Democratic leaders Wednesday night declared that they had a deal with President Donald Trump to quickly extend protections for young undocumented immigrants and to finalize a border security package that does not include the president’s proposed wall.
The Democrats, Sen. Chuck Schumer of New York and Rep. Nancy Pelosi of California, said in a joint statement that they had had a “very productive” dinner meeting with the president at the White House that focused on the program known as Deferred Action for Childhood Arrivals, or DACA. “We agreed to enshrine the protections of DACA into law quickly, and to work out a package of border security, excluding the wall, that’s acceptable to both sides,” they said.
In its own statement, the White House was far more muted, mentioning DACA as merely one of several issues that were discussed, including tax reform and infrastructure. It called the meeting, which came a week after the president struck a stunning spending-and-debt deal with the Democratic leaders, “a positive step toward the president’s strong commitment to bipartisan solutions.”
But the bipartisan comity appeared to have its limits. In a tweet, Sarah Huckabee Sanders, the White House press secretary, disputed the Democrats’ characterization of Trump’s stance on the border wall. “While DACA and border security were both discussed, excluding the wall was certainly not agreed to,” she wrote.
Schumer’s communications director, Matt House, fired back on Twitter: “The President made clear he would continue pushing the wall, just not as part of this agreement.”
While Democratic leaders sought to frame the dinner as a victory for their priorities, Republican votes will be needed for any immigration overhaul. Hard-liners in Congress were flummoxed by word of a potential deal on DACA, one that could push some of Trump’s electoral base away from him.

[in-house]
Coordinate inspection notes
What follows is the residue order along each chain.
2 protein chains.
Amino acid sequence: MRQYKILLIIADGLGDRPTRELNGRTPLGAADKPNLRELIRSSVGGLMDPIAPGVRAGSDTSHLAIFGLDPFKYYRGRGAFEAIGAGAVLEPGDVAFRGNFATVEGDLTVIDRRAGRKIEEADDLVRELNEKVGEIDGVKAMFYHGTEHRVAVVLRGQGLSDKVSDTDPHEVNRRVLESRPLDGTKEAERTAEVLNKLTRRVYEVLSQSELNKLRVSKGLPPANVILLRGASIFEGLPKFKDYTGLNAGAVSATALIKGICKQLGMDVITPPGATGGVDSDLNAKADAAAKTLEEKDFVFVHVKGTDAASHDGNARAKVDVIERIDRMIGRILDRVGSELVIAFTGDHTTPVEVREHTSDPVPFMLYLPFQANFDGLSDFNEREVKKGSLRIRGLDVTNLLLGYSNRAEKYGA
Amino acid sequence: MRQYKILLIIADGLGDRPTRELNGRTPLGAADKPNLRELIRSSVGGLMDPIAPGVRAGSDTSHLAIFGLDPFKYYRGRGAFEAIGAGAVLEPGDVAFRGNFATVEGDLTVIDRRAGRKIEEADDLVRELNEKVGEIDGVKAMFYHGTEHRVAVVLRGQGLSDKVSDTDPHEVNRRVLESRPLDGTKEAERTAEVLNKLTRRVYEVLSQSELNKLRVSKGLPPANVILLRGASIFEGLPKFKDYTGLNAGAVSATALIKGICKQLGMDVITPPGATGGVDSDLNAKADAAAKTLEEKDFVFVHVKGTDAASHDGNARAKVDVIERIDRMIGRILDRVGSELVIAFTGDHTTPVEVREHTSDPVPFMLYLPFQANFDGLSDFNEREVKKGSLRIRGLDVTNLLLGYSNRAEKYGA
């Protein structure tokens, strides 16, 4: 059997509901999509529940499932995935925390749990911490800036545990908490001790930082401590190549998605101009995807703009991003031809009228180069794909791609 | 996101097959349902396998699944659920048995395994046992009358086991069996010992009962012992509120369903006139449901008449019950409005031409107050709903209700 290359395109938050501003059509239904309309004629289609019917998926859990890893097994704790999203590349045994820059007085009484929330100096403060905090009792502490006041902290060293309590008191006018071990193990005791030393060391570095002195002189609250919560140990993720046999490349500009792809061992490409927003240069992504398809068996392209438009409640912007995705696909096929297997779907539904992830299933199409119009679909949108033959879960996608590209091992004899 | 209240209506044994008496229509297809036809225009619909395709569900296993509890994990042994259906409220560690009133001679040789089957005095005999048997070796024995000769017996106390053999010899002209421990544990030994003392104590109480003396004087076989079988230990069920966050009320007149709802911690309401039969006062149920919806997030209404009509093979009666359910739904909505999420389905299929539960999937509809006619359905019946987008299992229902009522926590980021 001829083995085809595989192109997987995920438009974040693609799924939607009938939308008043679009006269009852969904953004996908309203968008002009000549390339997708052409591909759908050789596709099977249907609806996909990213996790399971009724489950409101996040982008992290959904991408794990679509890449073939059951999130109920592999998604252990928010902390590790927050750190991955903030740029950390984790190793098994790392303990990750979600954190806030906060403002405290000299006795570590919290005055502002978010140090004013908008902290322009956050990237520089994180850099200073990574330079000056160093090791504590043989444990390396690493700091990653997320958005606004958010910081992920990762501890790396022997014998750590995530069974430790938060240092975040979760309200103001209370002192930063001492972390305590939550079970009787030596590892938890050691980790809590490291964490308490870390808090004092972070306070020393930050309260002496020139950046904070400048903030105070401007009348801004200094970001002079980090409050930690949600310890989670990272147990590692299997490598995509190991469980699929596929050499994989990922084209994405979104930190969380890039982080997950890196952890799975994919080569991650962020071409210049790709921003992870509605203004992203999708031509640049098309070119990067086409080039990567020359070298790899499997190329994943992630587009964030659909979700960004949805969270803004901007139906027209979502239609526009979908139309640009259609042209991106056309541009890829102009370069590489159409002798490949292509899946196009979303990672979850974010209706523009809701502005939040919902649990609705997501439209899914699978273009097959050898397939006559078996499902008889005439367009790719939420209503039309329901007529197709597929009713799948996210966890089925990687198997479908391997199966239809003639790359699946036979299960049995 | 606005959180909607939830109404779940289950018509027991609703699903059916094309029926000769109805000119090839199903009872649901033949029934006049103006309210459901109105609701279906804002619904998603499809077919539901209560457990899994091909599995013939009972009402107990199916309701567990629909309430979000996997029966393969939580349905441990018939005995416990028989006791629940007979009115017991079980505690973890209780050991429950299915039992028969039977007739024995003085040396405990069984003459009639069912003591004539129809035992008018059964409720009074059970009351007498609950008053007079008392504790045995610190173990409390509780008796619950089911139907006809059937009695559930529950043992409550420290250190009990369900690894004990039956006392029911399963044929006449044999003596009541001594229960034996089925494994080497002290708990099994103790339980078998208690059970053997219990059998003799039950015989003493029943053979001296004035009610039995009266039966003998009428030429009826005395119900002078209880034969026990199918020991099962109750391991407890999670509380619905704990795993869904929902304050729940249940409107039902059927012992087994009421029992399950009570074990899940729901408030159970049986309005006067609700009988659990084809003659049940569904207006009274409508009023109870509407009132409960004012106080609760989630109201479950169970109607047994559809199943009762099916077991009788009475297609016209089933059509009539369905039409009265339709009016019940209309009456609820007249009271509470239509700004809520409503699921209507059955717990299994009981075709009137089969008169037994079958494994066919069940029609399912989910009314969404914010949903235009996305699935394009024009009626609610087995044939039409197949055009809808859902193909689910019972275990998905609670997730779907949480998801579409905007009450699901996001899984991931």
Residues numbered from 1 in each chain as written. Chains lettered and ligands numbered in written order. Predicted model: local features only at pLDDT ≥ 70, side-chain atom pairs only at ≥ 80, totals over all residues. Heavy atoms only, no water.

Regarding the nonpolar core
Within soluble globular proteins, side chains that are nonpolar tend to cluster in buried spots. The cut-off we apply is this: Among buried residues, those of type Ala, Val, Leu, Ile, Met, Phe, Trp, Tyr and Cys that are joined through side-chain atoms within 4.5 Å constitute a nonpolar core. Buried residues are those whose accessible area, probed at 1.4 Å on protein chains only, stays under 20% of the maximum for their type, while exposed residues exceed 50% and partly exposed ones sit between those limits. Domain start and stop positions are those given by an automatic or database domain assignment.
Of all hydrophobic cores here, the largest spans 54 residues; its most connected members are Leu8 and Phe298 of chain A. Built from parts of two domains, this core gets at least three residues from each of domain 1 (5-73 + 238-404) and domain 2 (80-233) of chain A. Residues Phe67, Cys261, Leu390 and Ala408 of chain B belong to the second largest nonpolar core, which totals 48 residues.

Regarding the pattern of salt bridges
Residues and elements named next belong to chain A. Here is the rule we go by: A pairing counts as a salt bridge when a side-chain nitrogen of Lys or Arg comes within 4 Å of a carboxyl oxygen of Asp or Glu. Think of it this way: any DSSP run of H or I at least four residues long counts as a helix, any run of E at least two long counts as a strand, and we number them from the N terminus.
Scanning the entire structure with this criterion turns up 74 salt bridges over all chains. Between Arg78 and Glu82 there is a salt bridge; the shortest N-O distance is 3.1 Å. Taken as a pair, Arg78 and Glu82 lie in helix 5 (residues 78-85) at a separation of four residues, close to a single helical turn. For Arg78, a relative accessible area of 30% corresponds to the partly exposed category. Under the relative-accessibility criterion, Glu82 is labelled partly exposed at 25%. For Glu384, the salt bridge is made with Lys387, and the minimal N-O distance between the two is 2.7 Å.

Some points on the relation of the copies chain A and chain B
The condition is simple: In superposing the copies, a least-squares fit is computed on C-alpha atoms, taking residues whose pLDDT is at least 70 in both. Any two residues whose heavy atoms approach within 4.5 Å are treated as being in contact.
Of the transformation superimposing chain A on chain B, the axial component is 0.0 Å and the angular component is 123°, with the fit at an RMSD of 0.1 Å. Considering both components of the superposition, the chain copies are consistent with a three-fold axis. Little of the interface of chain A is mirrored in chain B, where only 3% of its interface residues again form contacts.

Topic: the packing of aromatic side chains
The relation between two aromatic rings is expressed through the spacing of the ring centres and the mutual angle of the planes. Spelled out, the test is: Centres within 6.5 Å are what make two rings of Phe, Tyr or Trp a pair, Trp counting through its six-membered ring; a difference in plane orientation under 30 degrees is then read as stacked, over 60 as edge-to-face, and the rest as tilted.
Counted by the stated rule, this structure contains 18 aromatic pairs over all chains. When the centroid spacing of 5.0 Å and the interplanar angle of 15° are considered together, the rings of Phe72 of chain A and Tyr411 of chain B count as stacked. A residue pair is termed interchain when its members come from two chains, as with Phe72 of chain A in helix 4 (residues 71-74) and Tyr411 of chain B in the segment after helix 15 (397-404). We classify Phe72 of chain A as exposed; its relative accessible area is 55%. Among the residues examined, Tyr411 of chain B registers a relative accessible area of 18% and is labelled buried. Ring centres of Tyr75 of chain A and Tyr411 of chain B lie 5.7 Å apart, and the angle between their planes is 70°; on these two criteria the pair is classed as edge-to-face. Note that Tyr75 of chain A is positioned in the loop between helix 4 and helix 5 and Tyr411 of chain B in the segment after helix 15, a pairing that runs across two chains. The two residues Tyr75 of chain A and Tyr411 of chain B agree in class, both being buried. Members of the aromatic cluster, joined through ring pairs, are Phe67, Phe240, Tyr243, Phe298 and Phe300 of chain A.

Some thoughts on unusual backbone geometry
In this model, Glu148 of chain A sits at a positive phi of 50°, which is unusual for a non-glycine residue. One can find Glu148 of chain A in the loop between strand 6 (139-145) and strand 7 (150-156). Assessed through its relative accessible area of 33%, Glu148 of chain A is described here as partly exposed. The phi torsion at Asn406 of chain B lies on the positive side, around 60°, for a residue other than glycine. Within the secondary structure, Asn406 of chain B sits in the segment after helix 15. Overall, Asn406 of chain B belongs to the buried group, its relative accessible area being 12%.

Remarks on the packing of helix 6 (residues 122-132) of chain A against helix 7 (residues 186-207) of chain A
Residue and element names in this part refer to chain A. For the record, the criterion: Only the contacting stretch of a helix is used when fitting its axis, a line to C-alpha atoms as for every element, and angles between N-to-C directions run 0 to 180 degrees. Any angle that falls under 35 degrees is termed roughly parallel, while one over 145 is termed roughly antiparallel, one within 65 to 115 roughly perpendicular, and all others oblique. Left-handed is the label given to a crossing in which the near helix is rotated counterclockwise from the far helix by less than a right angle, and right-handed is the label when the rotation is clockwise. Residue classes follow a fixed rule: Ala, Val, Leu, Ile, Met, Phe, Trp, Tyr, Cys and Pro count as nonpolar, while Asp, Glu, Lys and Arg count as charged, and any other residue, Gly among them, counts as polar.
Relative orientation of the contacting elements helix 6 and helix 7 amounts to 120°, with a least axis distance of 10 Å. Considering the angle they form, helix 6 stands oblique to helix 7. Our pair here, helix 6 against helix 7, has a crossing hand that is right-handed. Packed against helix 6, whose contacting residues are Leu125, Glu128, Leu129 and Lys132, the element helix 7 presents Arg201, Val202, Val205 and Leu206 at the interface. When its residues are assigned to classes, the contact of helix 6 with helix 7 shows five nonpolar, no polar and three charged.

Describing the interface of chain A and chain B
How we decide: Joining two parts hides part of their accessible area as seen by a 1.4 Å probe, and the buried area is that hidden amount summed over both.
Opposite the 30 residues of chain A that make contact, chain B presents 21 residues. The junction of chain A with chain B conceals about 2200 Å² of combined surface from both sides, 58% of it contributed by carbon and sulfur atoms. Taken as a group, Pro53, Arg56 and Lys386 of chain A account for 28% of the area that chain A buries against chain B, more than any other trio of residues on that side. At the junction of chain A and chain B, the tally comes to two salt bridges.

Rep. Steve King, R-Iowa, wrote on Twitter that if the reports were true, “Trump base is blown up, destroyed, irreparable, and disillusioned beyond repair. No promise is credible.” The website Breitbart, run by Trump’s former chief strategist, Stephen Bannon, had the headline “Amnesty Don.”
Some Republicans were more receptive. Sen. Jeff Flake of Arizona, a frequent critic of the president, said on Twitter: “Kudos to @POTUS for pursuing agreement that will protect #Dreamers from deportation.” The young immigrants are often referred to as Dreamers.
The dinner was a follow-up to a meeting that Schumer and Pelosi had with the president in the Oval Office last week, during which Trump agreed to the Democrats’ proposal for a vote on a debt-ceiling increase and a government funding measure that also included a Hurricane Harvey aid package.
While the two top Republican congressional leaders, Sen. Mitch McConnell of Kentucky and Speaker Paul D. Ryan of Wisconsin, attended that meeting, they were absent from the Wednesday night dinner.
A total of 11 people were seated at the table in the Blue Room of the White House on Wednesday night, with the first 30 minutes of the meeting focused on China trade issues, according to one person briefed on the dinner. The meal served was Chinese food, an intentional nod to China trade, on which Trump and Schumer hold their closest views.
On the DACA program, Trump has given Congress six months to find a legislative solution to extend the protections that President Barack Obama granted by executive order. But before the dinner Wednesday night, prospects for quickly enacting a replacement for DACA had appeared to be flagging in Congress.
“With all the other things going on right now, it’s kind of put on the back burner,” said Rep. Mike Coffman, R-Colo., who had pulled back a petition he had hoped to use to force the House to take up legislation on the program. Rep. Bob Goodlatte of Virginia, chairman of the House Judiciary Committee, has said that the program is at the end of a list of immigration priorities.